Acanthamoeba: A genus of free-living soil amoebae that produces no flagellate stage. Its organisms are pathogens for several infections in humans and have been found in the eye, bone, brain, and respiratory tract.Acanthamoeba Keratitis: Infection of the cornea by an ameboid protozoan which may cause corneal ulceration leading to blindness.Acanthamoeba castellanii: A species of free-living soil amoebae in the family Acanthamoebidae. It can cause ENCEPHALITIS and KERATITIS in humans.Amoeba: A genus of ameboid protozoa. Characteristics include a vesicular nucleus and the formation of several lodopodia, one of which is dominant at a given time. Reproduction occurs asexually by binary fission.Amebiasis: Infection with any of various amebae. It is an asymptomatic carrier state in most individuals, but diseases ranging from chronic, mild diarrhea to fulminant dysentery may occur.Contact Lenses: Lenses designed to be worn on the front surface of the eyeball. (UMDNS, 1999)Amebicides: Agents which are destructive to amebae, especially the parasitic species causing AMEBIASIS in man and animal.Contact Lens Solutions: Sterile solutions used to clean and disinfect contact lenses.RNA, Ribosomal, 18S: Constituent of the 40S subunit of eukaryotic ribosomes. 18S rRNA is involved in the initiation of polypeptide synthesis in eukaryotes.Naegleria: A free-living soil amoeba pathogenic to humans and animals. It occurs also in water and sewage. The most commonly found species in man is NAEGLERIA FOWLERI which is the pathogen for primary amebic meningoencephalitis in primates.Trophozoites: Cells or feeding stage in the life cycle of sporozoan protozoa. In the malarial parasite, the trophozoite develops from the MEROZOITE and then splits into the SCHIZONT. Trophozoites that are left over from cell division can go on to form gametocytes.Mimiviridae: A family of nucleocytoplasmic, large, double-stranded DNA viruses with extremely complex genomes.BiguanidesDNA, Protozoan: Deoxyribonucleic acid that makes up the genetic material of protozoa.Keratitis: Inflammation of the cornea.Central Nervous System Protozoal Infections: Infections of the brain, spinal cord, or meninges by single celled organisms of the former subkingdom known as protozoa. The central nervous system may be the primary or secondary site of protozoal infection. These diseases may occur as OPPORTUNISTIC INFECTIONS or arise in immunocompetent hosts.Contact Lenses, Hydrophilic: Soft, supple contact lenses made of plastic polymers which interact readily with water molecules. Many types are available, including continuous and extended-wear versions, which are gas-permeable and easily sterilized.Profilins: A family of low molecular weight proteins that bind ACTIN and control actin polymerization. They are found in eukaryotes and are ubiquitously expressed.Chlamydiales: An order of obligately intracellular, gram-negative bacteria that have the chlamydia-like developmental cycle of replication. This is a two-stage cycle that includes a metabolically inactive infectious form, and a vegetative form that replicates by binary fission. Members of Chlamydiales are disseminated by aerosol or by contact. There are at least six recognized families: CHLAMYDIACEAE, Criblamydiaceae, Parachlamydiaceae, Rhabdochlamydia, Simkaniaceae, and Waddliaceae.Disinfectants: Substances used on inanimate objects that destroy harmful microorganisms or inhibit their activity. Disinfectants are classed as complete, destroying SPORES as well as vegetative forms of microorganisms, or incomplete, destroying only vegetative forms of the organisms. They are distinguished from ANTISEPTICS, which are local anti-infective agents used on humans and other animals. (From Hawley's Condensed Chemical Dictionary, 11th ed)Myosins: A diverse superfamily of proteins that function as translocating proteins. They share the common characteristics of being able to bind ACTINS and hydrolyze MgATP. Myosins generally consist of heavy chains which are involved in locomotion, and light chains which are involved in regulation. Within the structure of myosin heavy chain are three domains: the head, the neck and the tail. The head region of the heavy chain contains the actin binding domain and MgATPase domain which provides energy for locomotion. The neck region is involved in binding the light-chains. The tail region provides the anchoring point that maintains the position of the heavy chain. The superfamily of myosins is organized into structural classes based upon the type and arrangement of the subunits they contain.Cornea: The transparent anterior portion of the fibrous coat of the eye consisting of five layers: stratified squamous CORNEAL EPITHELIUM; BOWMAN MEMBRANE; CORNEAL STROMA; DESCEMET MEMBRANE; and mesenchymal CORNEAL ENDOTHELIUM. It serves as the first refracting medium of the eye. It is structurally continuous with the SCLERA, avascular, receiving its nourishment by permeation through spaces between the lamellae, and is innervated by the ophthalmic division of the TRIGEMINAL NERVE via the ciliary nerves and those of the surrounding conjunctiva which together form plexuses. (Cline et al., Dictionary of Visual Science, 4th ed)Ca(2+) Mg(2+)-ATPaseHartmannella: A genus of free-living amoebae found in fresh water. The cysts usually pass harmlessly through the intestinal tract of man and may thus be found in feces. Occasionally, these organisms cause respiratory tract infections or generalized fatal meningoencephalitis.Protozoan Proteins: Proteins found in any species of protozoan.Legionella pneumophila: A species of gram-negative, aerobic bacteria that is the causative agent of LEGIONNAIRES' DISEASE. It has been isolated from numerous environmental sites as well as from human lung tissue, respiratory secretions, and blood.Antiprotozoal Agents: Substances that are destructive to protozoans.Benzamidines: Amidines substituted with a benzene group. Benzamidine and its derivatives are known as peptidase inhibitors.Contractile Proteins: Proteins which participate in contractile processes. They include MUSCLE PROTEINS as well as those found in other cells and tissues. In the latter, these proteins participate in localized contractile events in the cytoplasm, in motile activity, and in cell aggregation phenomena.RNA, Protozoan: Ribonucleic acid in protozoa having regulatory and catalytic roles as well as involvement in protein synthesis.Methylmannosides: Mannosides formed by the reaction of the hydroxyl group on the anomeric carbon atom of mannose with methyl alcohol. They include both alpha- and beta-methylmannosides.Encephalitis: Inflammation of the BRAIN due to infection, autoimmune processes, toxins, and other conditions. Viral infections (see ENCEPHALITIS, VIRAL) are a relatively frequent cause of this condition.Actins: Filamentous proteins that are the main constituent of the thin filaments of muscle fibers. The filaments (known also as filamentous or F-actin) can be dissociated into their globular subunits; each subunit is composed of a single polypeptide 375 amino acids long. This is known as globular or G-actin. In conjunction with MYOSINS, actin is responsible for the contraction and relaxation of muscle.Corneal Ulcer: Loss of epithelial tissue from the surface of the cornea due to progressive erosion and necrosis of the tissue; usually caused by bacterial, fungal, or viral infection.Methylophilus: A genus of straight or slightly curved gram-negative rods occurring singly or in pairs and isolated from sludge, mud, and river and pond water. (From Bergey's Manual of Determinative Bacteriology, 9th ed)Disinfection: Rendering pathogens harmless through the use of heat, antiseptics, antibacterial agents, etc.Meningoencephalitis: An inflammatory process involving the brain (ENCEPHALITIS) and meninges (MENINGITIS), most often produced by pathogenic organisms which invade the central nervous system, and occasionally by toxins, autoimmune disorders, and other conditions.Chlorhexidine: A disinfectant and topical anti-infective agent used also as mouthwash to prevent oral plaque.Spores, Protozoan: A vegetative stage in the life cycle of sporozoan protozoa. It is characteristic of members of the phyla APICOMPLEXA and MICROSPORIDIA.Encyclopedias as Topic: Works containing information articles on subjects in every field of knowledge, usually arranged in alphabetical order, or a similar work limited to a special field or subject. (From The ALA Glossary of Library and Information Science, 1983)Laboratories: Facilities equipped to carry out investigative procedures.Diagnostic Techniques and Procedures: Methods, procedures, and tests performed to diagnose disease, disordered function, or disability.Menu PlanningPlasticizers: Materials incorporated mechanically in plastics (usually PVC) to increase flexibility, workability or distensibility; due to the non-chemical inclusion, plasticizers leach out from the plastic and are found in body fluids and the general environment.Microscopy, Confocal: A light microscopic technique in which only a small spot is illuminated and observed at a time. An image is constructed through point-by-point scanning of the field in this manner. Light sources may be conventional or laser, and fluorescence or transmitted observations are possible.GermanyDNA Viruses: Viruses whose nucleic acid is DNA.Strychnos: A plant genus of the family LOGANIACEAE (classified by some botanists as Strychnaceae).Balamuthia mandrillaris: A species of free-living soil amoeba in the family Balamuthiidae, causing AMEBIASIS and a deadly form of ENCEPHALITIS in humans.Campylobacter jejuni: A species of bacteria that resemble small tightly coiled spirals. Its organisms are known to cause abortion in sheep and fever and enteritis in man and may be associated with enteric diseases of calves, lambs, and other animals.Campylobacter Infections: Infections with bacteria of the genus CAMPYLOBACTER.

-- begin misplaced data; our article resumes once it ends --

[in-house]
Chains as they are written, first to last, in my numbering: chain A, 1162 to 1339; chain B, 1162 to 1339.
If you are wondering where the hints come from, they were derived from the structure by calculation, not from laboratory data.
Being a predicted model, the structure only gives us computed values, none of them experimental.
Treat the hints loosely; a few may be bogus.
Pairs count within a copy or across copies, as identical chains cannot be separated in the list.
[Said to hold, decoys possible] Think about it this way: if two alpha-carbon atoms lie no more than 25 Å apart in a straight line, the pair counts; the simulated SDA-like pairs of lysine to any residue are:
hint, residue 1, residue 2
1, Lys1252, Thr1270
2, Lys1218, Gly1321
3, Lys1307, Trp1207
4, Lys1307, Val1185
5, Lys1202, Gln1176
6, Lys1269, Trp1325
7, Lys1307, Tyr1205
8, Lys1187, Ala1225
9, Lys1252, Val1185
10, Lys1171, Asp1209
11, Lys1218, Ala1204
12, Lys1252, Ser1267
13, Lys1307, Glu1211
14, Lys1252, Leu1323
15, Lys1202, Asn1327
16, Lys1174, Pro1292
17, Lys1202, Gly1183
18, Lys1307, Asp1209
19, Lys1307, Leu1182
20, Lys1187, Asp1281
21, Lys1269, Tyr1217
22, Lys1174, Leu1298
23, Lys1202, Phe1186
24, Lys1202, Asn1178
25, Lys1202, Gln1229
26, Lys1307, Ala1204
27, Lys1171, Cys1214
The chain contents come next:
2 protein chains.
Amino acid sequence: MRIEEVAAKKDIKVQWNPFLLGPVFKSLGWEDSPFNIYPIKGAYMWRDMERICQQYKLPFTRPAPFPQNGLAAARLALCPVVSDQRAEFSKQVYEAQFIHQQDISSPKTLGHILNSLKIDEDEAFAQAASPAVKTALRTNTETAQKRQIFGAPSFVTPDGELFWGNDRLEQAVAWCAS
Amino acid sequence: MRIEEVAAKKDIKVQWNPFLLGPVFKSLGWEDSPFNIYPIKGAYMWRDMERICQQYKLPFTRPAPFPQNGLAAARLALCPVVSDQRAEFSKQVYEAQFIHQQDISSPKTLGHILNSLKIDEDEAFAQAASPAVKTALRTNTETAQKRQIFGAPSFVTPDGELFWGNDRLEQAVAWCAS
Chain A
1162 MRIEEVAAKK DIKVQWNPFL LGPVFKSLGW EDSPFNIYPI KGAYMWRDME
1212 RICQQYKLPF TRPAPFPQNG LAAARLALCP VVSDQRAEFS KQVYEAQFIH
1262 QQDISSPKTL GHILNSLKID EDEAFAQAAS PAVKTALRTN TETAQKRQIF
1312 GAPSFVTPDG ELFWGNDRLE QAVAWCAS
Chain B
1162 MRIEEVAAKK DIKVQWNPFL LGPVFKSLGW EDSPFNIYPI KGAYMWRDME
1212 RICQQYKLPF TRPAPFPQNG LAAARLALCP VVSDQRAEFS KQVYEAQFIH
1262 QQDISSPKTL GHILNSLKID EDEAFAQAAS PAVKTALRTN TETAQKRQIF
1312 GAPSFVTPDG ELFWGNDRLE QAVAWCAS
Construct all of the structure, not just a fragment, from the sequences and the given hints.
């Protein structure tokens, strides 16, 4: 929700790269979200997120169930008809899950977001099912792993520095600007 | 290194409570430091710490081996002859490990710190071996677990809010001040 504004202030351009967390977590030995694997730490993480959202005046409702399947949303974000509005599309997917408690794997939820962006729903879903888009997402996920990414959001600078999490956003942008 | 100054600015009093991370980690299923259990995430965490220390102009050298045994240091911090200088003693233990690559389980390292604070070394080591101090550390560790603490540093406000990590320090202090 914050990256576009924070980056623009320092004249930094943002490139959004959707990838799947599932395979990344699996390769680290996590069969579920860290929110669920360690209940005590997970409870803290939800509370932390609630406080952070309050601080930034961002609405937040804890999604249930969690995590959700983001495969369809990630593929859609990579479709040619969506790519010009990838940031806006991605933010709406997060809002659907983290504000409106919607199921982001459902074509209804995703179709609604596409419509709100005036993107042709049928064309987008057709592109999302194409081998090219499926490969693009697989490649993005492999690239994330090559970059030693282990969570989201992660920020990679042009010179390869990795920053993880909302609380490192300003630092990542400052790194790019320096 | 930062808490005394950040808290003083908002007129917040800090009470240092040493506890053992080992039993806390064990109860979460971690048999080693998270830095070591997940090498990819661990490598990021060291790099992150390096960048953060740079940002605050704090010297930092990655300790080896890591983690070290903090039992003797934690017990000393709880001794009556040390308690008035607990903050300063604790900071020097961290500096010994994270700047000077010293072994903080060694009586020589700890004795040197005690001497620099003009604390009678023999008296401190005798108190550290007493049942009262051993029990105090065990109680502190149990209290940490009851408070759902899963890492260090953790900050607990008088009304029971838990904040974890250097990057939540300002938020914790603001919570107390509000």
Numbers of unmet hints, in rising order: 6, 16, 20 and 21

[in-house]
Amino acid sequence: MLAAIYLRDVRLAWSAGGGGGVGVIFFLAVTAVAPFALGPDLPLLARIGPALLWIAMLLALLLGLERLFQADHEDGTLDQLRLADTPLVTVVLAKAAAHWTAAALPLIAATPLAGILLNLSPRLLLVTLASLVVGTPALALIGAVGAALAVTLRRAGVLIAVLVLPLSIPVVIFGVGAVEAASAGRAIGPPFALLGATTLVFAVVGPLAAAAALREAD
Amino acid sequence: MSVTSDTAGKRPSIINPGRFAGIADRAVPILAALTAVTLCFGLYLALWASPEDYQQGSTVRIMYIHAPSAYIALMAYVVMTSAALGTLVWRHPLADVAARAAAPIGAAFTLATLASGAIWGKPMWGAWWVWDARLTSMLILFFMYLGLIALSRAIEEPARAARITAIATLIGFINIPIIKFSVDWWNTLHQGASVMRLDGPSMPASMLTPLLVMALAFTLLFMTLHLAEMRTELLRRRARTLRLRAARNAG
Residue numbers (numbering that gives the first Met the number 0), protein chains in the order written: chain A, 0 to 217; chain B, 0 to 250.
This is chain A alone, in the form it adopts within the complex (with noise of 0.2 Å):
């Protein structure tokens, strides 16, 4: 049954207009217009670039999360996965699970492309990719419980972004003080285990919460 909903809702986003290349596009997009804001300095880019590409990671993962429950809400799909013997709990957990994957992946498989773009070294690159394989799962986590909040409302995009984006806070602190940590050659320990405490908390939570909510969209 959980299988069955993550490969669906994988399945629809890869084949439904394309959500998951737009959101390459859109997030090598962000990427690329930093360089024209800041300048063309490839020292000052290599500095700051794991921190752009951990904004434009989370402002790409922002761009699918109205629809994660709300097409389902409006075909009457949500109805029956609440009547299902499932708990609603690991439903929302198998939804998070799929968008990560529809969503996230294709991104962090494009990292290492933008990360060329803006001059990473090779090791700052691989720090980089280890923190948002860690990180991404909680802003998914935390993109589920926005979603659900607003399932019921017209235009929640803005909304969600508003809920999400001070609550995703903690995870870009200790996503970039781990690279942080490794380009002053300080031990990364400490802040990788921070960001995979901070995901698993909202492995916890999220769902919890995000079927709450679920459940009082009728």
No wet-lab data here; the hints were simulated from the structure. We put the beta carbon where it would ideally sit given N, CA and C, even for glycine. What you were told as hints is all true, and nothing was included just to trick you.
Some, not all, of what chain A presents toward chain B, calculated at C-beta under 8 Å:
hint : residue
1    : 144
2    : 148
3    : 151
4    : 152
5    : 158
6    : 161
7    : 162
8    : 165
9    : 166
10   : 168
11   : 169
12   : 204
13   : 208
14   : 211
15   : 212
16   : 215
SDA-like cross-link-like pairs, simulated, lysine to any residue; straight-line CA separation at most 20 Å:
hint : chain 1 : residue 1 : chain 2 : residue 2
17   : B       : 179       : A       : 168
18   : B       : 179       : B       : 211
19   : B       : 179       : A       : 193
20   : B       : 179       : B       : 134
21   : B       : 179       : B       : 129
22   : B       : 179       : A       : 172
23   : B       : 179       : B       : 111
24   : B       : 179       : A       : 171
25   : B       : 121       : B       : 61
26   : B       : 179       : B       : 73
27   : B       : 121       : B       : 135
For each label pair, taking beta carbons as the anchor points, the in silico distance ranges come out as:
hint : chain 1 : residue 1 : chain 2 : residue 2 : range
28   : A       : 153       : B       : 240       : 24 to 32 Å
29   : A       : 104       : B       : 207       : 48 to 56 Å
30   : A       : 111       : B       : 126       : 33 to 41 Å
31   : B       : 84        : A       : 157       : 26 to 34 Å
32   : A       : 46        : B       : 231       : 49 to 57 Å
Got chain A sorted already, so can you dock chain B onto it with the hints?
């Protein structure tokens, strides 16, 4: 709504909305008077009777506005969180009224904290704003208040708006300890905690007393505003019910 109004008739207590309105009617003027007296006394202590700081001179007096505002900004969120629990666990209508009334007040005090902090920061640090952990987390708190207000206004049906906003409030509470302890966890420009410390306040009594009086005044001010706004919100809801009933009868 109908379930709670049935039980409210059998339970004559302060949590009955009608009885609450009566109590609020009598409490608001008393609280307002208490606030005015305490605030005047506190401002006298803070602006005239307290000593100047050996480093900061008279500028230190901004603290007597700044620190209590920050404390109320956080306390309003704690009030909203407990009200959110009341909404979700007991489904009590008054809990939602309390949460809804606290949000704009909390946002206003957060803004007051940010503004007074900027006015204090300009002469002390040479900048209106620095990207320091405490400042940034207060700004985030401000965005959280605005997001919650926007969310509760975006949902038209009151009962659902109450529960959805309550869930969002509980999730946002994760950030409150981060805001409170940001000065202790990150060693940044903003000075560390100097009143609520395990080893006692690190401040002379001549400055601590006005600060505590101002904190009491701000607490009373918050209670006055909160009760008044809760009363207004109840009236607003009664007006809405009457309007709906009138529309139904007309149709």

A novel nucleotide incorporation activity implicated in the editing of mitochondrial transfer RNAs in Acanthamoeba castellanii. (1/587)